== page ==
In <em>Dearnley v. Mountain Creak</em>, plaintiff purchased a season pass to Mountain Creek Ski Resort in 2008. As part of the application process, plaintiff signed an agreement fully releasing Mountain Creek from any and all liability for personal injury. While visiting Mountain Creek in January 2009, plaintiff suffered serious injuries and subsequently filed suit against Mountain Creek. Oddly, plaintiffs then re-applied for a season pass several months later and signed a “Season Pass Waiver” agreeing to release all claims that they may have had against Mountain Creek. The court granted Mountain Creek’s motion for summary judgment based on the 2009 waiver finding that plaintiff surrendered the right to maintain the suit in exchange for the benefits afforded to season pass holders.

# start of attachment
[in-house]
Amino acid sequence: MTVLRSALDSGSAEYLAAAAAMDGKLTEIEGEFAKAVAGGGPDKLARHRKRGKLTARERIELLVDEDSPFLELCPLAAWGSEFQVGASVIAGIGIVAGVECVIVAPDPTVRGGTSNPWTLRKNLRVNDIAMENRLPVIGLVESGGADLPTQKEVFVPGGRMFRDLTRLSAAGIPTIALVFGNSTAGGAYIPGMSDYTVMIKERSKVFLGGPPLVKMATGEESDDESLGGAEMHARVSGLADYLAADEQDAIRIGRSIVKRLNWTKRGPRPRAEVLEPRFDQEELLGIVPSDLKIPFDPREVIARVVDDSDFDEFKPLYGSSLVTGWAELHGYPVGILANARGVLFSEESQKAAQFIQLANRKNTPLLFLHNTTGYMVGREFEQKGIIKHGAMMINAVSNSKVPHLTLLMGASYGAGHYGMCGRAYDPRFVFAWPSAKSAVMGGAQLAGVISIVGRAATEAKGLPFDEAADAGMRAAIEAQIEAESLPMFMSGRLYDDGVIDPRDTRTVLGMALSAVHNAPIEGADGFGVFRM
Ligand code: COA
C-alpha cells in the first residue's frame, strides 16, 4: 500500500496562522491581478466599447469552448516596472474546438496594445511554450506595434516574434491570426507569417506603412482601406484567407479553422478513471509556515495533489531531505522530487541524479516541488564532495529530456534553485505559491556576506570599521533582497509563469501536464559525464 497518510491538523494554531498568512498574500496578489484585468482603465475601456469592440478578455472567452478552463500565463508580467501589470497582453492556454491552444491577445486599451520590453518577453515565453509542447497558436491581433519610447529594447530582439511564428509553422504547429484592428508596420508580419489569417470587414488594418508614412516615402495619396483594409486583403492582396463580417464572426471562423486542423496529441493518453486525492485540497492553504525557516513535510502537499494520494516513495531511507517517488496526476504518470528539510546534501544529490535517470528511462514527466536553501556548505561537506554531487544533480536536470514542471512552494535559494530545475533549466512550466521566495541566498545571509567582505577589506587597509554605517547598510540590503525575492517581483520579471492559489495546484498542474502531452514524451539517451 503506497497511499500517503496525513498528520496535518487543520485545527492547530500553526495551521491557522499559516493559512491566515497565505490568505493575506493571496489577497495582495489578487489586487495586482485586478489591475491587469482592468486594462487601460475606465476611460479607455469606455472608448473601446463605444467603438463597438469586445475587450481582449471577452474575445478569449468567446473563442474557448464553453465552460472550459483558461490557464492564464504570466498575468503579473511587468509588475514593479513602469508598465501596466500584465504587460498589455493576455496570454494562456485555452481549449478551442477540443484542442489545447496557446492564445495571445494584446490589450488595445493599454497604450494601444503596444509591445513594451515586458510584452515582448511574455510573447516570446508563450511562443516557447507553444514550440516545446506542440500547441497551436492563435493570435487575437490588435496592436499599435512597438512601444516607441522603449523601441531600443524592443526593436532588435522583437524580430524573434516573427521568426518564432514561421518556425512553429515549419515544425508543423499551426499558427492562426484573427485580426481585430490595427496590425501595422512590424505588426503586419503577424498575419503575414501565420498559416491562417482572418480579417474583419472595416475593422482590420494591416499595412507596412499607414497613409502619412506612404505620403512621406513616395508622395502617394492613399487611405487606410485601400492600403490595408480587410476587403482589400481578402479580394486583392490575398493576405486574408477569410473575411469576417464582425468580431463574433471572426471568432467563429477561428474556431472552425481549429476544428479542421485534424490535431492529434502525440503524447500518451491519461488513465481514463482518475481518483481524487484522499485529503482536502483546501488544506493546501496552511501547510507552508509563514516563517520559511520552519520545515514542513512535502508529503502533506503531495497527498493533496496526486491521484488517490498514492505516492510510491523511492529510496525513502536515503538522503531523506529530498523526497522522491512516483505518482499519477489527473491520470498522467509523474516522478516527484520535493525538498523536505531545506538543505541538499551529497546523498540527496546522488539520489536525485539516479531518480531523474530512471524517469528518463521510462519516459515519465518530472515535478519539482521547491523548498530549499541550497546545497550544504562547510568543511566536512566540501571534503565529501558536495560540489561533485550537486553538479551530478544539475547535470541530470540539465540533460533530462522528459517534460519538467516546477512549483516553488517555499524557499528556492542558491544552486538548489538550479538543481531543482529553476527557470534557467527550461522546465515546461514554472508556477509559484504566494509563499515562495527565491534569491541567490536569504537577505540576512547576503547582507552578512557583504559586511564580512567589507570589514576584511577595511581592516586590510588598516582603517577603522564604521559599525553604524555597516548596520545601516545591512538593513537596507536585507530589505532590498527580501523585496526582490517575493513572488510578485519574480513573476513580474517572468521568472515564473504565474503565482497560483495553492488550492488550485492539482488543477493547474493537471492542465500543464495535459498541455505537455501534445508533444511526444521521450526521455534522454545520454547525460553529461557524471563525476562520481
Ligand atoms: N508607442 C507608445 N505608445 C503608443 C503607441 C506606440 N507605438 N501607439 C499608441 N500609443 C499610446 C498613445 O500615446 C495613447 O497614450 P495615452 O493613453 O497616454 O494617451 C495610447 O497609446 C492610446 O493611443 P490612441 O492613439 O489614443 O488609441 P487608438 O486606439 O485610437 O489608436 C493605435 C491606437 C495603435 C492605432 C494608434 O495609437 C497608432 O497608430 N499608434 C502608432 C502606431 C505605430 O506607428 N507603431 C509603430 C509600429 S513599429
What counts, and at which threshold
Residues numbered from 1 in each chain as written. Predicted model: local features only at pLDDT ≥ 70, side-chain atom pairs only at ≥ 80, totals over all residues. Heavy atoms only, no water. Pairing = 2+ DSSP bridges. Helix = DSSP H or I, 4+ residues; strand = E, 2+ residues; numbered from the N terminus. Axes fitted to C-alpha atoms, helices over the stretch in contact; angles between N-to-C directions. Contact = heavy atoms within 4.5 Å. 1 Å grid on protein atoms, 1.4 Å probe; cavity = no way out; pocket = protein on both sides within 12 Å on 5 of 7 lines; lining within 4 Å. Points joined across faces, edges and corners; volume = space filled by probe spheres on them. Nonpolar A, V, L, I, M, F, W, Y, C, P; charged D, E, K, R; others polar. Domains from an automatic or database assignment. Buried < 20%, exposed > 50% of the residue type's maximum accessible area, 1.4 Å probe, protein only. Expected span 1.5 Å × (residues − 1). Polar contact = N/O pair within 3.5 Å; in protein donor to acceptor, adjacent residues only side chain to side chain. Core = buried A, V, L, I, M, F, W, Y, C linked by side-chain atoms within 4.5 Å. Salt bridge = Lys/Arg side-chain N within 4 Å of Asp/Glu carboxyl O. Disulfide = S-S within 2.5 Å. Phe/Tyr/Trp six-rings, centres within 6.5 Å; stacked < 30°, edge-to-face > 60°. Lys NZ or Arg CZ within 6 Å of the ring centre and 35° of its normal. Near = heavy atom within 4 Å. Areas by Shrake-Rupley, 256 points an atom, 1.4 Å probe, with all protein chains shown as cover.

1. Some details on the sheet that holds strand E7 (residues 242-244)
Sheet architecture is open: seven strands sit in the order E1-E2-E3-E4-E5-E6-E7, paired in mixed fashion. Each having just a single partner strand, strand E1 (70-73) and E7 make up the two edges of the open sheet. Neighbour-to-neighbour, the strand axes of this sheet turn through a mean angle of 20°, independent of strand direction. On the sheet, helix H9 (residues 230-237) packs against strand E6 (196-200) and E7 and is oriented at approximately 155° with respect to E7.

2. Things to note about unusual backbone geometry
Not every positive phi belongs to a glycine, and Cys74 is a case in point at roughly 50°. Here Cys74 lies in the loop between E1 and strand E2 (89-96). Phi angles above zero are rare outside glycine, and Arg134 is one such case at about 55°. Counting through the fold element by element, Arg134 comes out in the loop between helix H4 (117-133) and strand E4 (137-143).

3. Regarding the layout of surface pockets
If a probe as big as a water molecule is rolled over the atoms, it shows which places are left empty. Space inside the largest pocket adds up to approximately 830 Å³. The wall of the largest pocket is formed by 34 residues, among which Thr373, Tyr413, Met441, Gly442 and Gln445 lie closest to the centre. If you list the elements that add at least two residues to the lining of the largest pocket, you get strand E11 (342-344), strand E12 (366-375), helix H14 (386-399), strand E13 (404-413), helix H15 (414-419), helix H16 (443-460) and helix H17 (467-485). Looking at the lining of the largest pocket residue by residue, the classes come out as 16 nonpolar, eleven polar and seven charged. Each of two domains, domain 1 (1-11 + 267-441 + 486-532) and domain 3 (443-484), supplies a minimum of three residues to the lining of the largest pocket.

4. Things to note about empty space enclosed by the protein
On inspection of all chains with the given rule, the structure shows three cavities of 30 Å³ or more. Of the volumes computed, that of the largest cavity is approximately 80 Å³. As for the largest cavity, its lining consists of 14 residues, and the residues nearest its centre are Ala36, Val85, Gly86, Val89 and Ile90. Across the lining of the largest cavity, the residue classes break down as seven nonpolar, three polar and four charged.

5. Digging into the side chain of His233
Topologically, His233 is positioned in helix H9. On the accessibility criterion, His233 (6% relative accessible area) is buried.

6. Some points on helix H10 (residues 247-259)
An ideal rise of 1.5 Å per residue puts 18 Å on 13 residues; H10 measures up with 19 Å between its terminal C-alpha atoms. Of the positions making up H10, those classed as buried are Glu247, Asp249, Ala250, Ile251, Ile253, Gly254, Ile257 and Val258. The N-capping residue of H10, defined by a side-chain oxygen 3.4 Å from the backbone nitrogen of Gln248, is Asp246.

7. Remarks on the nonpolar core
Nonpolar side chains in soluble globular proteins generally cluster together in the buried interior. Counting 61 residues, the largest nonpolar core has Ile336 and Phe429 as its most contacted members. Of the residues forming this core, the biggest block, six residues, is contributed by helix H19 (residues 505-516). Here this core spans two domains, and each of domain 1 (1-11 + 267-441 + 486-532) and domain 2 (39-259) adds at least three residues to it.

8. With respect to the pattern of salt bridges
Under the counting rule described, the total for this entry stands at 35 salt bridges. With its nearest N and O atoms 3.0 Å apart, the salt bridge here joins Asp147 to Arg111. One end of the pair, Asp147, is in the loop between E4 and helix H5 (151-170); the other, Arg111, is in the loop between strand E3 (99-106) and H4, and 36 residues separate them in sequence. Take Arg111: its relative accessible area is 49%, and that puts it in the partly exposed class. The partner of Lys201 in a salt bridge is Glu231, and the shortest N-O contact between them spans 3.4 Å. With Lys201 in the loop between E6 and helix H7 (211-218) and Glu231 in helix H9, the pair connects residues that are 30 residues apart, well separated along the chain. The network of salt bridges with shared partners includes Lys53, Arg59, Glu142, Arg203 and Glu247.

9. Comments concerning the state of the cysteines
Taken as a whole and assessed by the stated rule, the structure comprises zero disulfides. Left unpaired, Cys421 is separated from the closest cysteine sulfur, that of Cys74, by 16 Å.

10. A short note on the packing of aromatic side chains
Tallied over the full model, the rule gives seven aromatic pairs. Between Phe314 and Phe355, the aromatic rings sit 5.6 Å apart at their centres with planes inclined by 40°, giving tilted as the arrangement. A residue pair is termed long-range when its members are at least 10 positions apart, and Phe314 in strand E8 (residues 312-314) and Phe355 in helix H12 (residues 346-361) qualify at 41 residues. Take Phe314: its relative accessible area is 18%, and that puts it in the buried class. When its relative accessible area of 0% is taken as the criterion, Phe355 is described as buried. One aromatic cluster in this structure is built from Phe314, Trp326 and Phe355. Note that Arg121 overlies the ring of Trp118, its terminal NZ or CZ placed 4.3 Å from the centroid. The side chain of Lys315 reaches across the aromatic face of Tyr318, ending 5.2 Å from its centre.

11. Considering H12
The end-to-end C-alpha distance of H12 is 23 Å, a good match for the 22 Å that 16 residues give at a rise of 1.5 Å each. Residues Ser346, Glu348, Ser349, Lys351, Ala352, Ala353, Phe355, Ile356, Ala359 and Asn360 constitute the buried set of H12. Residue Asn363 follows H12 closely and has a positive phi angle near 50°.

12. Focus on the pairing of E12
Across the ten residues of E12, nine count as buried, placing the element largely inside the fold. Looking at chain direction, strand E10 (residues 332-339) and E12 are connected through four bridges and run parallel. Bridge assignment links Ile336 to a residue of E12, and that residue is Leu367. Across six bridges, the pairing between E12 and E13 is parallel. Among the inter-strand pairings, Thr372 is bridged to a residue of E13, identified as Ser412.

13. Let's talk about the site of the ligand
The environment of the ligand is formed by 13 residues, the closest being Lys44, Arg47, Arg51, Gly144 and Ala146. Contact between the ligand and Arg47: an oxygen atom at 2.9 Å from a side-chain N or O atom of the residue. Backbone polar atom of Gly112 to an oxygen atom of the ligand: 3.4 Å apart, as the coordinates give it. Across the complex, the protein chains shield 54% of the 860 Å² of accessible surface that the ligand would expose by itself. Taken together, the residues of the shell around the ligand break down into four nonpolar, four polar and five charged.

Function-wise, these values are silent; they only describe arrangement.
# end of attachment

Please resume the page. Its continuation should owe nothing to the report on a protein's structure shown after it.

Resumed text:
Plaintiff appealed claiming that the contract entered into was one of adhesion and contrary to public policy. The Appellate Division noted that contracts will ordinarily be enforced as written. Avoidance of such a contract requires clear evidence of mistake that is so grave as to make enforcement of the contract unenforceable. Because plaintiff gained a benefit from holding the season pass, and that the terms were not one-sided, the trial court’s decision was affirmed. Under these circumstances, the plaintiff’s ‘releasor’s remorse’ was not sufficient to remand the matter.
Thanks to Andrew Marra for his contribution to this post.